Recently rechristened the Bucknell Seminar for Undergraduate Poets, the Seminar is now under the direction of alumna K. A. Hays. (The program was formerly known as the Seminar for Younger Poets). Held for three weeks in June, the Seminar provides an extended opportunity for undergraduate poets to write and to be guided by established poets. Staff and visiting poets conduct writing workshops and offer lecture/discussions, present readings of their own work, and are available for individual conferences.
In the past, such poets as Terrance Hayes, Dana Levin, Mary Ruefle, Arthur Sze, Brigit Pegeen Kelly, Jean Valentine, Carl Phillips, and Mary Jo Bang have served as visiting poets. Numerous readings provide the participants with the opportunity to hear and be heard by their peers. Applicants compete for ten places in the Seminar, all of which come with fellowships. Fellowships include tuition, housing in campus apartments, and meals. Accepted students are responsible only for their travel to Bucknell and a modest library deposit. A limited number of travel scholarships are available.
The 2018 staff will include visiting poets Kaveh Akbar, Ada Limón, and Phillip B. Williams. Dates for the 2018 Seminar are June 9 - July 30. The application postmark deadline is Jan. 31, 2018. See Frequently Asked Questions for eligibility and application guidelines.
Kaveh Akbar is the founding editor of Divedapper, a website devoted to literary interviews, and author the book Calling a Wolf a Wolf (Alice James Books). His poems appear in The New Yorker, Poetry, Ploughshares, APR, Tin House, and elsewhere. The recipient of a Ruth Lilly and Dorothy Sargent Rosenberg Poetry Fellowship from the Poetry Foundation and a Lucille Medwick Memorial Award from the Poetry Society of America, Kaveh was born in Tehran, Iran, and is a Visiting Professor of Poetry in the Purdue University MFA program. || Learn more about Kaveh Akbar
Ada Limón is the author of four books of poetry, including Bright Dead Things, which was named a finalist for the 2015 National Book Award in Poetry and several other awards. Her other books include Lucky Wreck, This Big Fake World, and Sharks in the Rivers. She serves on the faculty of Queens University of Charlotte Low Residency M.F.A program, and the 24Pearl Street online program for the Provincetown Fine Arts Work Center. She also works as a freelance writer splitting her time between Lexington, Kentucky and Sonoma, California. || Learn more about Ada Limón
Phillip B. Williams is the author of Thief in the Interior (Alice James Books), winner of the Kate Tufts Discovery Award, and the chapbooks Bruised Gospels (Arts in Bloom Inc) and Burn (YesYes Books). His poetry appears in Callaloo, Kenyon Review Online, The Southern Review, Painted Bride Quarterly, West Branch, Blackbird and others. Williams is a Cave Canem graduate and the poetry editor of the online journal Vinyl Poetry. He is the recipient of a Whiting Award and teaches at Bennington College. Born in Chicago, he earned his MFA from Washington University, where he was a Chancellor's Graduate fellow.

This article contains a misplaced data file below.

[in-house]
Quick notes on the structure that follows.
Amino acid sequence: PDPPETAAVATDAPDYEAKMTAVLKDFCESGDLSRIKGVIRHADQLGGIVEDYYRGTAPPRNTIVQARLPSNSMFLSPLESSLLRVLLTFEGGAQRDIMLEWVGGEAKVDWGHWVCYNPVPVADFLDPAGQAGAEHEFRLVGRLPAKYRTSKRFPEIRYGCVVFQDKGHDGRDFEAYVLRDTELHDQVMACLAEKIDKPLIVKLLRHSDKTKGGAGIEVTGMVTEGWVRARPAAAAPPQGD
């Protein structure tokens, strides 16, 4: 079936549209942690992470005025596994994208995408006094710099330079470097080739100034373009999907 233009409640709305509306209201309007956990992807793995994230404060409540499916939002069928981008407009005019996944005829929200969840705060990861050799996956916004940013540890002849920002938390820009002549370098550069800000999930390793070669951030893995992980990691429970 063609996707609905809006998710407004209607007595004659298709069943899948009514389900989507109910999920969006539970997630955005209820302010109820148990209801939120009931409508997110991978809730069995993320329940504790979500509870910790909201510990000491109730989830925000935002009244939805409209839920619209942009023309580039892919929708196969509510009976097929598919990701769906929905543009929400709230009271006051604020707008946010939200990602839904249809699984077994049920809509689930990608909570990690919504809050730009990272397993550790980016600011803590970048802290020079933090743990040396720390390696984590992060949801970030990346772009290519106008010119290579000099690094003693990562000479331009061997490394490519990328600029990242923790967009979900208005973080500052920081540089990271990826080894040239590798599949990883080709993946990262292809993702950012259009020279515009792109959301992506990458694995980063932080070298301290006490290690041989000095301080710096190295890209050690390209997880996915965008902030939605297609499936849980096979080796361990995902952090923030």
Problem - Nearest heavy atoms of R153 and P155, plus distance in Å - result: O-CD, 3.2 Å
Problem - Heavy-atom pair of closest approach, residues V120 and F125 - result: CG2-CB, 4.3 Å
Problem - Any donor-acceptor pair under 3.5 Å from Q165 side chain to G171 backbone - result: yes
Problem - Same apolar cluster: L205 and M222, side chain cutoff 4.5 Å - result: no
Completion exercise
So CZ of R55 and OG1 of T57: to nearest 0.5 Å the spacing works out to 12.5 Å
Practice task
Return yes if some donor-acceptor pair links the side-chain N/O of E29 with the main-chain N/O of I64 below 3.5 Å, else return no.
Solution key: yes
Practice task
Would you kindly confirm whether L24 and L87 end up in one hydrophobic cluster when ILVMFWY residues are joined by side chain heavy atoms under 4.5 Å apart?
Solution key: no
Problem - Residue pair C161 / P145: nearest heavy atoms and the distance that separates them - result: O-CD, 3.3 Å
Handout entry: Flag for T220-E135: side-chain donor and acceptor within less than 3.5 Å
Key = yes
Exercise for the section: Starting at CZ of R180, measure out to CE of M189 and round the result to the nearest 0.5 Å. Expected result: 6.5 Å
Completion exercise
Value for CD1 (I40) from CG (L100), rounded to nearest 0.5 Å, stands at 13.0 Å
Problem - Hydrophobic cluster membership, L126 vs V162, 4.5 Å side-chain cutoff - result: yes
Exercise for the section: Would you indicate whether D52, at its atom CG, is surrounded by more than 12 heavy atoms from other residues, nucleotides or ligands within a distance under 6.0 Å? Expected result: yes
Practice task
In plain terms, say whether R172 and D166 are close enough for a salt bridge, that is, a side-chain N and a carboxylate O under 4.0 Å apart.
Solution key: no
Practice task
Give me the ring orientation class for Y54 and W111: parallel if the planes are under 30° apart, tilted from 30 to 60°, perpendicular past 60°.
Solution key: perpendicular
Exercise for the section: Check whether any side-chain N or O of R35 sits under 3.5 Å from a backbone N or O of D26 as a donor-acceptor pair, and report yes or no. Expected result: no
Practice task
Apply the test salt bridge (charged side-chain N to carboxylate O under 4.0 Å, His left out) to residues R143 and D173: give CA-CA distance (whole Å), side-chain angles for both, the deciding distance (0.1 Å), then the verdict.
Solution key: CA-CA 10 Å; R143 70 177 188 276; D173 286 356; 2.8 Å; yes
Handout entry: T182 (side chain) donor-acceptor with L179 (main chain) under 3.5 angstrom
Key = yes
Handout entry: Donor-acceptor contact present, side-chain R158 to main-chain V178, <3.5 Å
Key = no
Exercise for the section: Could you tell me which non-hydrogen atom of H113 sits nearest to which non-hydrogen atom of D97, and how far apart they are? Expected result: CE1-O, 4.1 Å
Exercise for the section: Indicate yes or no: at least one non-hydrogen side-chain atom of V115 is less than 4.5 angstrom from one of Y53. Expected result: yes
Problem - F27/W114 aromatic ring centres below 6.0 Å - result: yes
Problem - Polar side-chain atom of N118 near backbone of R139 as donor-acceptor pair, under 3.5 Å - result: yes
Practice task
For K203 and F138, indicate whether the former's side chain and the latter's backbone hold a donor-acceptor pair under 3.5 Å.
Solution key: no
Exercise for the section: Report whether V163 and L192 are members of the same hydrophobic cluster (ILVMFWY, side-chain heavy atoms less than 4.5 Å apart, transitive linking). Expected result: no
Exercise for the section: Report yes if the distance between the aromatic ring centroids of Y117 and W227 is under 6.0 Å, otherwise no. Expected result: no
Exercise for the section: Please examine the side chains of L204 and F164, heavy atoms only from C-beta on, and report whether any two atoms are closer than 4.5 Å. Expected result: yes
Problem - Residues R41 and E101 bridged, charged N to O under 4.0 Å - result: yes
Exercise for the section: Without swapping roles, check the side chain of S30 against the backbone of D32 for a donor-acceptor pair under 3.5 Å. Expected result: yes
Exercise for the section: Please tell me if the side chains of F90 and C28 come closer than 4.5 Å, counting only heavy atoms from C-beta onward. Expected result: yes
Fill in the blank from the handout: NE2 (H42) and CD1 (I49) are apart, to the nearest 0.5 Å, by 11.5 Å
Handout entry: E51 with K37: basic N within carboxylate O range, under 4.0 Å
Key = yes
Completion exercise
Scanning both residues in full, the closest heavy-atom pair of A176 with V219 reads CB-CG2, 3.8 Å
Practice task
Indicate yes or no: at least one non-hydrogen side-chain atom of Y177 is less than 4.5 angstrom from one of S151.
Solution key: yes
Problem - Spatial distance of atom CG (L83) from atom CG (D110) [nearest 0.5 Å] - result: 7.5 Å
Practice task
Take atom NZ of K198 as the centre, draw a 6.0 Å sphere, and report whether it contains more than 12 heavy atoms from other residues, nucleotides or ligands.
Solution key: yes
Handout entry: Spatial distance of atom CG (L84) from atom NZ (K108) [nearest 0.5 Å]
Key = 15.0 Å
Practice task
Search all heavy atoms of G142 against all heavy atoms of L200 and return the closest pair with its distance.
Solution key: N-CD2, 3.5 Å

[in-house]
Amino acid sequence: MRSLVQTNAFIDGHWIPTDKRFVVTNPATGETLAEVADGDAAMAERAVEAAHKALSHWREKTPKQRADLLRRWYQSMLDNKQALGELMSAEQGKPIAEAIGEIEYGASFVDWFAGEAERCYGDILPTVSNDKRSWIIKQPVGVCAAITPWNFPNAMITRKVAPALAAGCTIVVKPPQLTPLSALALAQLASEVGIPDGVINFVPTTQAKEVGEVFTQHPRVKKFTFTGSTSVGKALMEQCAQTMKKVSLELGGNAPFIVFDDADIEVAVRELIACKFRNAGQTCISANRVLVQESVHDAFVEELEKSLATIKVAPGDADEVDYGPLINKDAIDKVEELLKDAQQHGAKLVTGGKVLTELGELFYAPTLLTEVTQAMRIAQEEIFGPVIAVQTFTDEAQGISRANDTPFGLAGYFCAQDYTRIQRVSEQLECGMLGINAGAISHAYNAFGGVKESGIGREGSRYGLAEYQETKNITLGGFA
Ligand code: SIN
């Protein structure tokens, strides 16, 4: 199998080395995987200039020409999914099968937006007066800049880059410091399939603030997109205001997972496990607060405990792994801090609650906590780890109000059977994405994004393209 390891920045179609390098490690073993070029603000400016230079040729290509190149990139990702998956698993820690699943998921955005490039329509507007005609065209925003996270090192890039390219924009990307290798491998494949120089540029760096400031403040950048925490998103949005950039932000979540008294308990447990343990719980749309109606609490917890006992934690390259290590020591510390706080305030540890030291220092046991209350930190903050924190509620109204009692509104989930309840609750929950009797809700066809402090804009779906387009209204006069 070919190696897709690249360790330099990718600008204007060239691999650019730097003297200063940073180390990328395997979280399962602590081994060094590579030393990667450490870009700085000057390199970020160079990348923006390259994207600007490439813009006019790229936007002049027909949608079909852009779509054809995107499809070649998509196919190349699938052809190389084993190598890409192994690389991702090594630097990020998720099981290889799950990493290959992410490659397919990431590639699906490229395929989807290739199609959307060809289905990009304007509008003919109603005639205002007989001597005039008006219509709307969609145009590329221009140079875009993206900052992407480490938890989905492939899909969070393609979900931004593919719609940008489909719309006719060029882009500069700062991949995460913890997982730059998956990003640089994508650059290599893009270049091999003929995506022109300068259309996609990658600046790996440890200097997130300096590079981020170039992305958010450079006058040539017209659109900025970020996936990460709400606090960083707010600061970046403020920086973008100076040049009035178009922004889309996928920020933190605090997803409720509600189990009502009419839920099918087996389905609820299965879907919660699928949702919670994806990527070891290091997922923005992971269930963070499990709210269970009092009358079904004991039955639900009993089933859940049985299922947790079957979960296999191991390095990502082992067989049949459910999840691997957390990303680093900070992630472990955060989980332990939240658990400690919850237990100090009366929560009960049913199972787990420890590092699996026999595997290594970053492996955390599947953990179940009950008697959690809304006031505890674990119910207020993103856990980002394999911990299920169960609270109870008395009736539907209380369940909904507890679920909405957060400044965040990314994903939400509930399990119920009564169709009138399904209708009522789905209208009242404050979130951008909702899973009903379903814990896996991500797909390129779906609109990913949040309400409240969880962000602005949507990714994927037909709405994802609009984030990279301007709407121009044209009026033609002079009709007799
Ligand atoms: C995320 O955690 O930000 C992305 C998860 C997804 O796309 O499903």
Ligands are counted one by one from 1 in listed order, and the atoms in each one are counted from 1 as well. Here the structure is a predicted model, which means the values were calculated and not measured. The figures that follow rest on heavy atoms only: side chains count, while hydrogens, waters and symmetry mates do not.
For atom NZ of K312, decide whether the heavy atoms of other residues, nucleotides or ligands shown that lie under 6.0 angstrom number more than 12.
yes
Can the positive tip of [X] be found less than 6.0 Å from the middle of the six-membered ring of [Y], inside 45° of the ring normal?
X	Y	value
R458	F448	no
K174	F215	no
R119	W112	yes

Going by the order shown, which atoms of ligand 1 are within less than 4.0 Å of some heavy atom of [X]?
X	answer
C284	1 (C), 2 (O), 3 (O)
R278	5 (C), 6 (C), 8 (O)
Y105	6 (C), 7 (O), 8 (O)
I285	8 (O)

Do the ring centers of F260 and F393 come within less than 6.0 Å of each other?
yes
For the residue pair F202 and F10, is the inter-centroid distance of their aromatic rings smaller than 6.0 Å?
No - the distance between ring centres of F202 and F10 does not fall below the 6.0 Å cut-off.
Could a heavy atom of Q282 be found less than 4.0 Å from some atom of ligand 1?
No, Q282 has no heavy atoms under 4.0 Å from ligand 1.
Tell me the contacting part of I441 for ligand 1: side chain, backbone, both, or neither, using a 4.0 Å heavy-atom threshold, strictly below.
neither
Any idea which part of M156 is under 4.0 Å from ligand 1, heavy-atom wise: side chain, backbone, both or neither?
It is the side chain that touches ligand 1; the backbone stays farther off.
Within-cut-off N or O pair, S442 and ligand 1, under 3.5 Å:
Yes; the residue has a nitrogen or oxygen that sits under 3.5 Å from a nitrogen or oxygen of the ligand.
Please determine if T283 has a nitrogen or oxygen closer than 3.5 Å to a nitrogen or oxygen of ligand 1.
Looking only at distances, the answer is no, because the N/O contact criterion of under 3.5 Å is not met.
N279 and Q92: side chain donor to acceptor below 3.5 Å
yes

Katie Hays, Director
Born in Phoenixville, Pennsylvania, K. A. (Katie) Hays was educated at Bucknell, Oxford, and Brown Universities, where she earned an M.F.A. in 2005. She is the author of three books of poetry, Early Creatures, Native Gods (Carnegie Mellon, 2012) and Dear Apocalypse (Carnegie Mellon, 2009) and the forthcoming Windthrow (Carnegie Mellon, 2017). Her poems have appeared in Best American Poetry (2009, 2011) and other anthologies and widely in journals and magazines. She has also published fiction and verse translations and has served as an editor of West Branch, Bucknell's national literary journal. Hays has received residencies at the Elizabeth Bishop House in Great Village, Nova Scotia, and at the Frost Place in Franconia, New Hampshire. She has taught creative writing at Bucknell since 2010 and in 2014 served as Acting Director of the Seminar for Younger Poets. She is thrilled to assume the directorship of the Seminar for Younger Poets beginning with the 2016 Seminar.
Deirdre O'Connor, Associate Director
Deirdre O'Connor's book, Before the Blue Hour, was the winner of the Cleveland State Poetry Prize for 2001. Her work has appeared or is forthcoming in Crazyhorse, The American Journal of Nursing, Frontiers: A Journal of Women's Studies, Poetry and other journals. A native of Pittsburgh, O'Connor holds an MFA from the Pennsylvania State University. She directs Bucknell's Writing Center.
Monica Sok, Seminar Associate
A Cambodian poet from Lancaster, Pennsylvania, Monica Sok is the author of the chapbook Year Zero, winner of the 2015 PSA Chapbook Fellowship 30 and Under, selected by Marilyn Chin. A Kundiman fellow, Sok has received scholarships from Hedgebrook, MacDowell Colony, Squaw Valley, Napa Valley, and Bread Loaf writers' conferences. Her poems appear or are forthcoming in FIELD Magazine, Narrative, The New Republic, and TriQuarterly Review, among others. Sok holds an MFA in Creative Writing from New York University. She is currently a Stadler Fellow.
David Winter, Seminar Associate
David Winter wrote the poetry chapbook Safe House (Thrush Press, 2013). His poems have recently appeared or are forthcoming in Four Way Review, Forklift, Ohio, Harpur Palate, Meridian, Muzzle, Ninth Letter, The Offing, and Winter Tangerine Review. Winter is a Senior Lecturer in the Ohio State University Department of English, where he recently earned his MFA and served as a Poetry Editor for The Journal. He is currently a Stadler Fellow.
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